Website protection has never been more important. There’s a misconception that only major sites get hacked, but that couldn’t be further from the truth: if anything, small businesses without dedicated security teams are even more vulnerable to attack. Amping up security and being very rigorous about your safety measures really is the only way to ensure that you are as safe as possible.
Website hacking has reached an unprecedented rate and even small to medium-scale businesses have become targets. Hackers these days tend to target machines en-masse, hoping to find somebody who hasn’t properly secure their system. This means that anybody could be a target, but it also makes it easier to keep attackers out, if you know what you’re doing. If you do not want to face this huge hassle, it’s time that you toughen up your act and revamp your website’s security with these tips:
Keep updated on the latest hacking threats
Follow tech sites that regularly publish the latest types of hacks, and use this information to develop the necessary safety precautions that you will need for your own site. Organisations like OWASP keep track of major threats and post updates and guides that are absolutely invaluable.
Beef up your access control
Make sure that your passwords as well as usernames for admin levels are not easy to guess. Instead of using the “wp6_” default prefix, make it more random. Add limits to login attempts for certain times, and this includes password resets that are really quite easy to hack into. A very common sort of attack is a “dictionary attack”, where the hackers input common usernames and passwords into as many places as possible, hoping to find somebody with a weak password or somebody still using the defaults—if your admin user is still called “admin” then you’re going to be in trouble.
Make sure all software is up-to-date
This is probably the most important website security tips in this list. True, software updates can be time-consuming and disruptive, but behind each one is a vital security vulnerability that is being addressed. Passing up on an update is practically an invitation to be hacked. Keep in mind that hackers work in a network that scans websites by the thousands in mere minutes. When yours is spotted, you’ll have hundreds of different hackers throwing a party on your server that you aren’t invited to. Many hackers are reliant on the fact that people hate updates, because it means they can bombard machines until they find somebody who hasn’t patched the hole.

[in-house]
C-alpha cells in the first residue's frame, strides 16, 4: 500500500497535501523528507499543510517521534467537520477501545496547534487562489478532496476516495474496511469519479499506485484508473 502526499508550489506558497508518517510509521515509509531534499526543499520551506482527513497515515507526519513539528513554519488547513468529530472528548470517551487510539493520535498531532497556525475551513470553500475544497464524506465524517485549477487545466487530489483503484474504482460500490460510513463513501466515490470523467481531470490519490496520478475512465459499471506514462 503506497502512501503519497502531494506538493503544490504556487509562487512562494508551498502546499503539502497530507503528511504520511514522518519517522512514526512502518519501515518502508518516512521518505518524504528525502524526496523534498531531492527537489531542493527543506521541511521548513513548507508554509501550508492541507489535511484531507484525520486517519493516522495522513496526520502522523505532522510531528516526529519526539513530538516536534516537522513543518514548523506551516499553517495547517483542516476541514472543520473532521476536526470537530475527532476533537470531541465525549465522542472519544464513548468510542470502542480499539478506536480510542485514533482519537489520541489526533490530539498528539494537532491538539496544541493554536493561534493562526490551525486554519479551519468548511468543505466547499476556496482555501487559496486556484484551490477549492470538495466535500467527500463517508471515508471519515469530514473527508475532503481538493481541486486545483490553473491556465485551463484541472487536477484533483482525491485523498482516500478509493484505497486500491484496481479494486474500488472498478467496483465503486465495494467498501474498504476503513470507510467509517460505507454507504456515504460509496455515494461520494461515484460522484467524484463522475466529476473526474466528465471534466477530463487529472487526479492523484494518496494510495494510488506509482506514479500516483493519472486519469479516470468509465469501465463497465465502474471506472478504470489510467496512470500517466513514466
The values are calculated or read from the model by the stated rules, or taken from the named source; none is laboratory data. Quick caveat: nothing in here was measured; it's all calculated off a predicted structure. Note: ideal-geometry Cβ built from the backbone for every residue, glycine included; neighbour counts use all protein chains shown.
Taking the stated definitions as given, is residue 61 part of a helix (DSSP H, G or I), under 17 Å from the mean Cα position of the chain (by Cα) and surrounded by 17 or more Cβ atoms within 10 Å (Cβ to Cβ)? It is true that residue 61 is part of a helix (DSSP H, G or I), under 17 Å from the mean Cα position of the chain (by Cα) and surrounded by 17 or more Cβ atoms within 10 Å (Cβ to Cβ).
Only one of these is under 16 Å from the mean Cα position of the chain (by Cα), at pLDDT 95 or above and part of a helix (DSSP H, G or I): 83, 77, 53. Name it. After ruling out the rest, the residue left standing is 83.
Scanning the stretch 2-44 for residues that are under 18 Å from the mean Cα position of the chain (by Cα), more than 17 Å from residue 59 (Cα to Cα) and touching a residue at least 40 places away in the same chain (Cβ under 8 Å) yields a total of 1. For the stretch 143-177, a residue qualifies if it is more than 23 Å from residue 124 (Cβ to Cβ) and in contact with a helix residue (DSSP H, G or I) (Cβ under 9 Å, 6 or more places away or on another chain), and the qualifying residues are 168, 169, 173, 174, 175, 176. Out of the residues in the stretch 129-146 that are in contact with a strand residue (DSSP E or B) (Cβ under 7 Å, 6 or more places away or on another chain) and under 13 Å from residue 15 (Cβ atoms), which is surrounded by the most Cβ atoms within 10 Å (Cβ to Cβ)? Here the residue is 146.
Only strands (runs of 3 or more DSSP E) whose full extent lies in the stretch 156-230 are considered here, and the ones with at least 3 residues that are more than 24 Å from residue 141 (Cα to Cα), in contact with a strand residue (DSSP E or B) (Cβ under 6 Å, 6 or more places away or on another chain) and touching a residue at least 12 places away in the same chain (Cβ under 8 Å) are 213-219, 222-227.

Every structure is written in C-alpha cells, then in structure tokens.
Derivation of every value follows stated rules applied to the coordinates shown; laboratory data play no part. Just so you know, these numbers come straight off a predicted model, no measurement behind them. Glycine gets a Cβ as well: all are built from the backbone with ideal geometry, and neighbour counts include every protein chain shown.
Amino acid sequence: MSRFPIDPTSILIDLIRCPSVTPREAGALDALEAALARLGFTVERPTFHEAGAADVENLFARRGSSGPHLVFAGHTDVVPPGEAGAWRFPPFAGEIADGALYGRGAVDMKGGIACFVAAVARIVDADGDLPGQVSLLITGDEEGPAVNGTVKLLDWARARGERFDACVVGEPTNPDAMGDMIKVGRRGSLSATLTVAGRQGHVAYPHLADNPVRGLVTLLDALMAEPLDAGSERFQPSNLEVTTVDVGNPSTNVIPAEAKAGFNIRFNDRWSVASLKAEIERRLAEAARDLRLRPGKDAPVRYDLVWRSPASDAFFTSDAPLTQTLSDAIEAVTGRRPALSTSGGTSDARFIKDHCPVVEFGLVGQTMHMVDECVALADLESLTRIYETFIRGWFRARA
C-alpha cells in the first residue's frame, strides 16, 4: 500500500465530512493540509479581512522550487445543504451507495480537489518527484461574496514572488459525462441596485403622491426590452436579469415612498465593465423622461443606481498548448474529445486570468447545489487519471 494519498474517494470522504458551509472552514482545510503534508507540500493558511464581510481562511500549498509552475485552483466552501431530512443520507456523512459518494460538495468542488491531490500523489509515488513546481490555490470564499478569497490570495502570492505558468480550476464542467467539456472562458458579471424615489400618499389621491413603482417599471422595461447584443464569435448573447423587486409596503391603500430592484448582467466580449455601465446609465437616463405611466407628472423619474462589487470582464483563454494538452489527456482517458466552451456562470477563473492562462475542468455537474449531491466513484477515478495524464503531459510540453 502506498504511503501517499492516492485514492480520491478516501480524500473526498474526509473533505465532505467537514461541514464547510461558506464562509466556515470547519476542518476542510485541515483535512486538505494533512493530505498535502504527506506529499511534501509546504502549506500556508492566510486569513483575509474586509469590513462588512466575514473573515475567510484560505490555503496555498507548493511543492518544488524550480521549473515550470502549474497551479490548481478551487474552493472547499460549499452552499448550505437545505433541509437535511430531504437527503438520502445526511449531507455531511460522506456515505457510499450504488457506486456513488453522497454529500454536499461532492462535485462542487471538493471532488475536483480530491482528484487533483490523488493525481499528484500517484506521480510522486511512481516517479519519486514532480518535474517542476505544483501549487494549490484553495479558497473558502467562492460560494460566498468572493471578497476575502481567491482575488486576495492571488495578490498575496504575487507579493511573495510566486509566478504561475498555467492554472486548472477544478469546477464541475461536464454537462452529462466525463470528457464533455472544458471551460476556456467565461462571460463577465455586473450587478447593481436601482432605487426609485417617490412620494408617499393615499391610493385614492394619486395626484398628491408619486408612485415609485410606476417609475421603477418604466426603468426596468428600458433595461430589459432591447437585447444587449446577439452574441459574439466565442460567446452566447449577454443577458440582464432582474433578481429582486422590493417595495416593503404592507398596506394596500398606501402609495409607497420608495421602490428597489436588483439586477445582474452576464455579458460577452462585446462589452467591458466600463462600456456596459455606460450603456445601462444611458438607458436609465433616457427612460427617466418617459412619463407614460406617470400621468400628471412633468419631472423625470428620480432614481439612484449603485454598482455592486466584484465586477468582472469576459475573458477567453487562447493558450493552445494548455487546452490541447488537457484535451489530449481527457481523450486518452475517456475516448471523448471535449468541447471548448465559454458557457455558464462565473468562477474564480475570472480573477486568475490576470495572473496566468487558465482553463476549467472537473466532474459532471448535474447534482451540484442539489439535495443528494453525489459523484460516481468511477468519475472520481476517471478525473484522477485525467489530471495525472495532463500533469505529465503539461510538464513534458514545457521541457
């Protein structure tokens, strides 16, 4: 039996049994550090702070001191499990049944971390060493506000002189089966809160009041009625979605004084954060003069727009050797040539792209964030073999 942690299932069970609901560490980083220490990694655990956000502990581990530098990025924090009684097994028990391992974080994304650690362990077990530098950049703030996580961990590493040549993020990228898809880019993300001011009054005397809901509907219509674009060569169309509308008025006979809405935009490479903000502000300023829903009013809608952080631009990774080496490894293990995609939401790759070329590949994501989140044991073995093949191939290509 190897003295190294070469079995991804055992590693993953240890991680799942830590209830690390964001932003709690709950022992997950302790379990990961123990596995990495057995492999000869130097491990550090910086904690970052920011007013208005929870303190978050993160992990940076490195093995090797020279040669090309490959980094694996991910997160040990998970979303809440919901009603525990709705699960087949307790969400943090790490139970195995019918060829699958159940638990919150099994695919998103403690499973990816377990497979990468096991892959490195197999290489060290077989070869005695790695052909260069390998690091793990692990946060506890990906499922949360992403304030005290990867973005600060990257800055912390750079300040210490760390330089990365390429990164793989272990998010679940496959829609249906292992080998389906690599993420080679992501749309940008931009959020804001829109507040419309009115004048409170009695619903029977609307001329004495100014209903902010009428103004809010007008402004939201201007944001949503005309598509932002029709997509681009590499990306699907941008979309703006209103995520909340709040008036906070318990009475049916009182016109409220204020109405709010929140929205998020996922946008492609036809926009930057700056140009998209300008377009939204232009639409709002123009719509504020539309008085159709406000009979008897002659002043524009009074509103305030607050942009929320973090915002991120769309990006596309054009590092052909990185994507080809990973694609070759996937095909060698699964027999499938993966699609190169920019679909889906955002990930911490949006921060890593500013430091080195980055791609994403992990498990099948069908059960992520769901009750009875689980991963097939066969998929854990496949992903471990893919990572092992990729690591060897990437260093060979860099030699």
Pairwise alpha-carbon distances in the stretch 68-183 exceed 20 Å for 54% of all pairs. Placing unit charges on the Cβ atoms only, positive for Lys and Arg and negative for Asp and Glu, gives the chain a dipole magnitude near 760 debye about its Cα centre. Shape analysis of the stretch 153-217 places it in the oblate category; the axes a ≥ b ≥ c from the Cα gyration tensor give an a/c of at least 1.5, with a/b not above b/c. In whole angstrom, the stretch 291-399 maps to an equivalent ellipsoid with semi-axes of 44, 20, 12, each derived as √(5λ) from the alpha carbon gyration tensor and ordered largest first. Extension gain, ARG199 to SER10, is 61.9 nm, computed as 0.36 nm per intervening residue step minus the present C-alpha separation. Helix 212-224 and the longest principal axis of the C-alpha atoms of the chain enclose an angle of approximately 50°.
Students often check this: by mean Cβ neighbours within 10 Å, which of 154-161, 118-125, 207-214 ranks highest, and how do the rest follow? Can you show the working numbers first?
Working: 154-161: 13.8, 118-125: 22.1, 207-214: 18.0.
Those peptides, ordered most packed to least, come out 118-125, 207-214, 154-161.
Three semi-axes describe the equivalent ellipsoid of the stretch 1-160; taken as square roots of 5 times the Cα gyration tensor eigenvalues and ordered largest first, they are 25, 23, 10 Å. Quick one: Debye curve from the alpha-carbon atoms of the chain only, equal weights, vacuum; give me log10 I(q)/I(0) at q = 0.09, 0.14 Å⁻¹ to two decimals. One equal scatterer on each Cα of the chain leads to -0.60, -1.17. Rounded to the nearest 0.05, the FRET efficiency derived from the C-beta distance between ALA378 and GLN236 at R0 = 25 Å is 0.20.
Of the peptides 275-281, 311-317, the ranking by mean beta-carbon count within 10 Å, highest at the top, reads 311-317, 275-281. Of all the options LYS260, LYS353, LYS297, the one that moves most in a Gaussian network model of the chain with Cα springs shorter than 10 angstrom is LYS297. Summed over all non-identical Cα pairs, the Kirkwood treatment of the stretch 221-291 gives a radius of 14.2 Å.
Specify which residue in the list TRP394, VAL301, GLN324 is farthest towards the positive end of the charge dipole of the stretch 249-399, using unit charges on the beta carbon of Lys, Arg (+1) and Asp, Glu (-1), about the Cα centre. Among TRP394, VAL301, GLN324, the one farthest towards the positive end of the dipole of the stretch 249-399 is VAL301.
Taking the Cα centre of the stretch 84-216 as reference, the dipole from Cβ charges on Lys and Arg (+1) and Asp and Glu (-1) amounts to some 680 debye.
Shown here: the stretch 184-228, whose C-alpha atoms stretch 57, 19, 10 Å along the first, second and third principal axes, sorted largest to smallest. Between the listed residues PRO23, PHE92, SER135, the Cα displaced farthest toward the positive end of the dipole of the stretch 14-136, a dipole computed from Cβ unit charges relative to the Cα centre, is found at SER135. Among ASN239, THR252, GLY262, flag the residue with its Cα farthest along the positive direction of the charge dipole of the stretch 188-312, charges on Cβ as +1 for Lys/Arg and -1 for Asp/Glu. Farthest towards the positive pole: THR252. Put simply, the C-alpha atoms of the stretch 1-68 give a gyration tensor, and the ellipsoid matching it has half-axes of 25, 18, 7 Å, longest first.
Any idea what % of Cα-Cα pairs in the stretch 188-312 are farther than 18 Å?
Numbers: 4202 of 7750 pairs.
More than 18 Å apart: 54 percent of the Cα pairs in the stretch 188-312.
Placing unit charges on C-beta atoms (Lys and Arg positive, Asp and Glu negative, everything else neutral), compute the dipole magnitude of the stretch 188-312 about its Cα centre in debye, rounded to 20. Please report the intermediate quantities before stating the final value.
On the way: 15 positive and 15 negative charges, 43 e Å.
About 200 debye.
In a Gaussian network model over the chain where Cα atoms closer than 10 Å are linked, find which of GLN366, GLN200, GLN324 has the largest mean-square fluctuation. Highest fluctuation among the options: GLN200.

Tighten up your network security
You never know if other computer users in your office accidentally provide easy access routes right into your website servers. Make sure that you implement login expirations, password changes (including strength requirements), and device scanning every time someone logs into the network with their smartphone, tablet or laptop.
Install a web application firewall
This can either be software based or hardware based. A WAF is setup between the site server and its data connection, reading and scanning every single bit of data that passes through it. Many of these WAFs are cloud-based and require a modest subscription fee every month. It would do you well to invest in this as it will protect your business and everything you have invested in it.
Install security applications
If you do not have a WAF, you can still add a good measure of security through free or paid plugins that will hide your CMS identity. Doing so will make your site extra resilient against countless automated hacking tools. Be sure to properly vett any plugins: a bad plugin is worse than no plugin at all, and can open up new vulnerabilities in your system.
Conceal admin pages
Make sure your admin pages cannot be indexed by all search engines, which is why it is important to use robots_txt file to keep them from being listed. Remember: if they remain unlisted, it will be much harder for hackers to find them. Hackers are rarely targeting a specific site: they tend to go broad, then attack once they’d found a weakness. Concealing admin pages cloaks you, rendering you invisible to a lot of attackers.
Put a limit on file uploads
Any time you let users input data into your website, you open yourself up to attack. Form fields and comments sections are common attack vectors, but a lot of security-minded folks overlook a potentially far more devastating vector: uploads. Depending on how you’ve configured your upload system, everything from basic scripts to whole executables can find their way leaking into your system. Even if system checks run every second, you can’t discount the possibility of something sneaking through. Store downloaded files outside root directories and use scripts to pull them up if needed.
Safety isn’t something you do in post, it’s something you work on from the start. If you need a team to help with web development and maintenance, you can always hire dedicated programmers from CodeClouds. The team consists of over 200 experienced developers who can help your website from genesis to completion and beyond. While you’re here, if you found our website security tips useful, you may also be interested in installing a free SSL certificate for your website.